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Valentin G Stepankov

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NEWS
August 19, 1993 | SONNI EFRON, TIMES STAFF WRITER
An anti-corruption commission appointed by Boris N. Yeltsin on Wednesday accused two key government figures and political rivals of the Russian president of corruption. Vice President Alexander V. Rutskoi was charged with having at least two country houses and a secret Swiss bank account, and General Prosecutor Valentin G. Stepankov was accused of discussing the murder of a political foe.
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NEWS
August 19, 1993 | SONNI EFRON, TIMES STAFF WRITER
An anti-corruption commission appointed by Boris N. Yeltsin on Wednesday accused two key government figures and political rivals of the Russian president of corruption. Vice President Alexander V. Rutskoi was charged with having at least two country houses and a secret Swiss bank account, and General Prosecutor Valentin G. Stepankov was accused of discussing the murder of a political foe.
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NEWS
September 29, 1993 | Associated Press
After two years of stalling by hard-line lawmakers and prosecutors, Russia will reintroduce jury trials in some courts this fall for the first time since 1917, a senior official said Tuesday. Parliament endorsed the idea of jury trials in the fall of 1991, during the flood of political reforms that followed the abortive August, 1991, coup. But opposition from some lawmakers and Prosecutor General Valentin G.
NEWS
April 16, 1993 | Associated Press
The dozen die-hard Communists on trial for treason in August, 1991, stepped up attacks on their accusers Thursday, demanding that the entire team of prosecutors be dismissed for bias, leaks and misconduct. As they left the courthouse after the second day of the trial, the coup leaders flashed the V-for-victory symbol and signed autographs for cheering fans in a show of hard-line hubris.
NEWS
August 16, 1992 | JOHN-THOR DAHLBURG, TIMES STAFF WRITER
One is penning verse behind bars. Another shot himself to death to avoid the shame of capture. A third is back at work on his farm but had to promise not to engage in politics. One year after they tried to usurp Soviet President Mikhail S. Gorbachev's powers and take control of a superpower, members of the short-lived State Emergency Committee and their accomplices have no idea when--or even if--they will stand trial. Valentin G.
NEWS
April 15, 1993 | ELIZABETH SHOGREN, TIMES STAFF WRITER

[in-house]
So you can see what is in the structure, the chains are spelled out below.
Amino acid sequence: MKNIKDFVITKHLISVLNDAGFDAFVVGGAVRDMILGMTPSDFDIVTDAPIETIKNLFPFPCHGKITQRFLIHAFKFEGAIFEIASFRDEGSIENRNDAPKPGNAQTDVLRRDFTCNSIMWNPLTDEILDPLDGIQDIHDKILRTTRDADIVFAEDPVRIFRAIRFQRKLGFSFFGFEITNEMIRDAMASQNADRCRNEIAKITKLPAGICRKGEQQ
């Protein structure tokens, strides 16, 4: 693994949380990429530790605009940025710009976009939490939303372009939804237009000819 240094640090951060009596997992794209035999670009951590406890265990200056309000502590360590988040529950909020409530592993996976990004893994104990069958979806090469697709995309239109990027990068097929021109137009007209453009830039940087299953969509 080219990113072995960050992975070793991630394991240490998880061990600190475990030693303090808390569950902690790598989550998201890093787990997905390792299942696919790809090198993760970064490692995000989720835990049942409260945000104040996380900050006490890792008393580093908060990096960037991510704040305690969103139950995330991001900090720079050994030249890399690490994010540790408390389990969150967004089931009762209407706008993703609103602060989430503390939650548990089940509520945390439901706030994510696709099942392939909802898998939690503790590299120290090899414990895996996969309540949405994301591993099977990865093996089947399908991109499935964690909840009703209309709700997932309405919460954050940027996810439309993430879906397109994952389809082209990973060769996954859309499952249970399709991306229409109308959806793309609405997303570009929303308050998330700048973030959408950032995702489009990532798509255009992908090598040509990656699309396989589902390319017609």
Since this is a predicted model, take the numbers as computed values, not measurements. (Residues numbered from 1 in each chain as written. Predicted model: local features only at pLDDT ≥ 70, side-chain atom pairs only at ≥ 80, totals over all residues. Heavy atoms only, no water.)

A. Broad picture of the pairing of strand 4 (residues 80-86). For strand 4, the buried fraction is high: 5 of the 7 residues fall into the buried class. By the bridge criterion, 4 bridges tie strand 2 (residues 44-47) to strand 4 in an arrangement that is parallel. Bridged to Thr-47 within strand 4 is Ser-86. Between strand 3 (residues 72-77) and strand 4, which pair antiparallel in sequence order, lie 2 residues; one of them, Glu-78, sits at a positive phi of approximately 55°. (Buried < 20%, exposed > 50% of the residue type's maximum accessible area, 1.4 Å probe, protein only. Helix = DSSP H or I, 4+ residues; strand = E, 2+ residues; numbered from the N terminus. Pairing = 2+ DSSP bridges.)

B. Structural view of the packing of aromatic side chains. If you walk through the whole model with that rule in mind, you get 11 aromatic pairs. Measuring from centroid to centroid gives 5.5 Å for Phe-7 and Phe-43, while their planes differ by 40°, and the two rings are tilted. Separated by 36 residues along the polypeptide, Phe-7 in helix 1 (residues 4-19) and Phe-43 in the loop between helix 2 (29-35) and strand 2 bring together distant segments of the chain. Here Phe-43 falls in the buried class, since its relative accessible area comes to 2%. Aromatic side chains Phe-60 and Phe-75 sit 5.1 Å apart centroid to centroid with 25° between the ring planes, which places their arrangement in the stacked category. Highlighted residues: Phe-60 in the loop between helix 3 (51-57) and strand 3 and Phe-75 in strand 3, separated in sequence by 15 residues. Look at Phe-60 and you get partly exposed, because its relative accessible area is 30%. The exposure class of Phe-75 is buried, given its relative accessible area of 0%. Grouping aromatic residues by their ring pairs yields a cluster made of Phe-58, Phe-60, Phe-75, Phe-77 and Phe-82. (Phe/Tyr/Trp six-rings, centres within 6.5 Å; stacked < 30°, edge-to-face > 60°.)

The trial of 12 of the most powerful men of the Gorbachev era, who face charges of high treason for their roles in the August, 1991, coup, commenced Wednesday with the accused audaciously challenging the court with one legal maneuver after another.
NEWS
October 6, 1993 | CAREY GOLDBERG, TIMES STAFF WRITER
With the last wisps of smoke curling from the charred White House, Russia was still reeling Tuesday from the fiery Moscow battles that left 150 dead at latest count and 1,500 under arrest by angry authorities now pursuing a general crackdown. President Boris N. Yeltsin remained out of sight, promising to address the nation and meet with his security council today.
NEWS
October 7, 1993 | RICHARD BOUDREAUX, TIMES STAFF WRITER
President Boris N. Yeltsin demanded Wednesday night that Russia's regional legislatures, the last bastions of lawful resistance to his emergency rule, disband themselves and submit to the voters in December when a new national Parliament is elected. But he indicated that Communist and ultranationalist parties, a sizable and well-organized political bloc, would be disqualified from the Dec.
NEWS
March 21, 1993 | RICHARD BOUDREAUX, TIMES STAFF WRITER
President Boris N. Yeltsin announced Saturday night that he is assuming temporary power to rule Russia by decree and ordered an April 25 referendum asking voters to endorse his leadership, a new constitution drafted under his direction and a law to elect a new Parliament. The bold initiative brought Russia's long-running leadership crisis to its most critical point since the collapse of the Soviet Union 15 months ago.
NEWS
September 24, 1993 | RICHARD BOUDREAUX and SONNI EFRON, TIMES STAFF WRITERS
President Boris N. Yeltsin, appearing more confident of his grip on power, called Thursday for presidential elections next June, two years ahead of schedule, in an effort to prod Russia's conservative Parliament to obey his decree and disband.
NEWS
October 26, 1993 | MICHAEL A. HILTZIK, TIMES STAFF WRITER
Meet Oleg D. Baklanov, charged with treason and facing a possible death sentence: He greets a visitor in his spacious apartment here, filled with mementos of a fulfilling career. In his study, scale models of Soviet spacecraft and photographs of historic launches attest to his former position as director of defense production. The works of Lenin line a bookshelf along one wall. A Western computer hums on his desk.
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